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up again in 2015. >> the epa says it is somewhat isolated and no indication the ddt there is making its way out into the bay. >> but birds and fish are exposed and until a second clean up is completed, fisherman are advice today avoid the area. >> they don't break down and build up in fish and then in humans. services has aided the state in posting warning signs about fishing in the harbor, signs that go ignored. the people in the bay are at risk because fish here provide substunance. >>the pacific network says
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warning people are comp licattedlicated by the language barri rerbgsr. the epa's message to all, if a fish is caught in the harbor, though it back. and that is worth following until the contamination is finely cleaned up. >> the environmental professional agency has still seen high levels of ddt in that area of richmond. the same levels of ddt now as in 1994, despite numerous clean up projects. the epa has launched a three-year campaign to find the source and clean it up. >> the story of how these red
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woods were threatened by the big earthquake of 1902. [ singing christmas carols ] mmmm. [ female announcer ] make new traditions with pillsbury grands! cinnamon rolls.
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that's been wrapped in a flaky crust stuffed with a gooey center toasted up all golden brown then given a delicious design? a toaster strudel. pillsbury toaster strudel. so delicious...so fun.
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>> in the mist of this county lays these red trees named after john muir. let's look at this look of muir woods. >> this suggest a path born before thoughts could be made into the words. here is this ancient place, the elderly among these trees are more than a thousand years old and the young ones a mere 2-300. john muir said any fool can
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destroy a tree and even if they could run and hide, the same fools would hunt them down to make a dollar from their bark. there is a sense of irony in that a man would come from california to save the forest. setting about the task of preserving the land of this canyon. in 1903, kent perchasedt purchased 60 600 acres. >> he encouraged the railroad to put in a spur line that would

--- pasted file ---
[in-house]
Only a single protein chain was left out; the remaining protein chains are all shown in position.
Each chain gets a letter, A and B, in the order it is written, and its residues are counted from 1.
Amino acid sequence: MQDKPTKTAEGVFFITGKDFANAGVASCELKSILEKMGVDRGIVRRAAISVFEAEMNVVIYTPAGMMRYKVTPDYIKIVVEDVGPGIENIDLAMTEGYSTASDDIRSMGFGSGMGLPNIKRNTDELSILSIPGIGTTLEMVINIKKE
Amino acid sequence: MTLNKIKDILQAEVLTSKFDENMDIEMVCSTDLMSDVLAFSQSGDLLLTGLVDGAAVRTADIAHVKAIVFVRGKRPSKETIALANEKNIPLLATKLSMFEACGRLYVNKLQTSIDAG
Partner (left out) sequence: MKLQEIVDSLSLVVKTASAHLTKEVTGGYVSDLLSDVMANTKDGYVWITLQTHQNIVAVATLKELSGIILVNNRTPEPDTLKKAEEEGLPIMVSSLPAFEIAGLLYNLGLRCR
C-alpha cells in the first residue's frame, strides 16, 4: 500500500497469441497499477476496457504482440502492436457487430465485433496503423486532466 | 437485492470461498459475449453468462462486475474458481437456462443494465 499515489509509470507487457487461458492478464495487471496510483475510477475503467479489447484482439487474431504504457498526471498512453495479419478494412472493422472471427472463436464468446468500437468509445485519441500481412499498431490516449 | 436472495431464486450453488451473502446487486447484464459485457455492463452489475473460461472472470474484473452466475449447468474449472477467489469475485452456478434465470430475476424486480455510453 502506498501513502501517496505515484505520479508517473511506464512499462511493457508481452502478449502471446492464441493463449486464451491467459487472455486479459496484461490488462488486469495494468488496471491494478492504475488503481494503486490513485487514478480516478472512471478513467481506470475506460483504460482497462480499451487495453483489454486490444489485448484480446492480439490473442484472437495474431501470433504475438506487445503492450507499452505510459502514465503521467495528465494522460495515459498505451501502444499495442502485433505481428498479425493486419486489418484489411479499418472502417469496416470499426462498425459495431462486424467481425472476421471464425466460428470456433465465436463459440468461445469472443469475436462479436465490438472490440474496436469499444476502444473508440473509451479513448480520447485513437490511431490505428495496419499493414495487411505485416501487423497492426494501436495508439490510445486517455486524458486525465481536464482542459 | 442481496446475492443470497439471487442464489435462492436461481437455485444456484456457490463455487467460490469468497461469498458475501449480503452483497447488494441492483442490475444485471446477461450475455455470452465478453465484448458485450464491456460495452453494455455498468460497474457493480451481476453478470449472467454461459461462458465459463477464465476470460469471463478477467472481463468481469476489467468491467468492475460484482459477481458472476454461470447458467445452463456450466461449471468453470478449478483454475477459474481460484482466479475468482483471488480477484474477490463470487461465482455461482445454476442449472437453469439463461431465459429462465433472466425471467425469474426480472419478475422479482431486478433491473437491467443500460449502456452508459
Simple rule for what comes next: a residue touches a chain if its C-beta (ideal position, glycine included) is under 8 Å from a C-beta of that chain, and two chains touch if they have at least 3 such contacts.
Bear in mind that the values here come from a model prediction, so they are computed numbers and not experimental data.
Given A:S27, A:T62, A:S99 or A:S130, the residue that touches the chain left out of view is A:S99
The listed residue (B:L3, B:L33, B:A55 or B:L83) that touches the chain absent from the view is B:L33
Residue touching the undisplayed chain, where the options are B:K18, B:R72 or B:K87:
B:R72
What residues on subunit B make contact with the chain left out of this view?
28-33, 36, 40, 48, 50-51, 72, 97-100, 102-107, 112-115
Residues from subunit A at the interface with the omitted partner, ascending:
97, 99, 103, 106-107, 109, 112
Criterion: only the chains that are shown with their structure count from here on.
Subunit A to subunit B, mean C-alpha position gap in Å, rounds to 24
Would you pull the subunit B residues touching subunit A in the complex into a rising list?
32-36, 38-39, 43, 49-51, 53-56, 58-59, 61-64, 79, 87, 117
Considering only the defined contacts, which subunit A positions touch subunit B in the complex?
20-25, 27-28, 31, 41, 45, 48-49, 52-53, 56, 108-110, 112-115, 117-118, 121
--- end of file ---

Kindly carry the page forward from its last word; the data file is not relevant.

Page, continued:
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bring people in and he build the inn. >> they would last for years, but soon after kent purchased the land, a nearby natural disaster put it at risk. the 1906 earthquake and fire leveled most of the city. and they turned their eyes on the forest. he asked for president of the united states for help and he made an offer they couldn't refuse. >> he offered to donate the land to the federal government and this is the first time an individual had done that. >> the president acted quickly
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setting aside the land. he strongly urged that the new monument be named kent woods. >> he said that was not right and instead let's name this beautiful grove of coast red woods after john muir. >> of course, the president had long standing ties with john muir and agreed. so by a gift of william kent to the united states became a monument. and it was up to the united states to keep it from crumbling under the wait. cab sites and dogs and
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picnicking were no longer welcome. the trampled part of the floor was part of the vertigo affect. >> you watch kim novack wondering through a forest that is only red woods. there is no plants or ferns growing and no habitat for the animals. >> in a letter to william kent written more than 90-years ago, john muir expressed gratitude. this is the most godly behavior
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i have heard of since my forrest trampling began. >> it made a deep impression on him what was important for the soul. >> he is represented by this environment, with great big trees and this beauty that he enjoyed so much. >> and that is it for this weeks second look. thank you for watching. well, well, well. growing up, we didn't have u-verse. we couldn't record four shows at the same time. in my day, you were lucky if you could record two shows. and if mom was recording her dumb show and dad was recording his dumb show then, by george, that's all we watched. and we liked it! today's kids got it so good.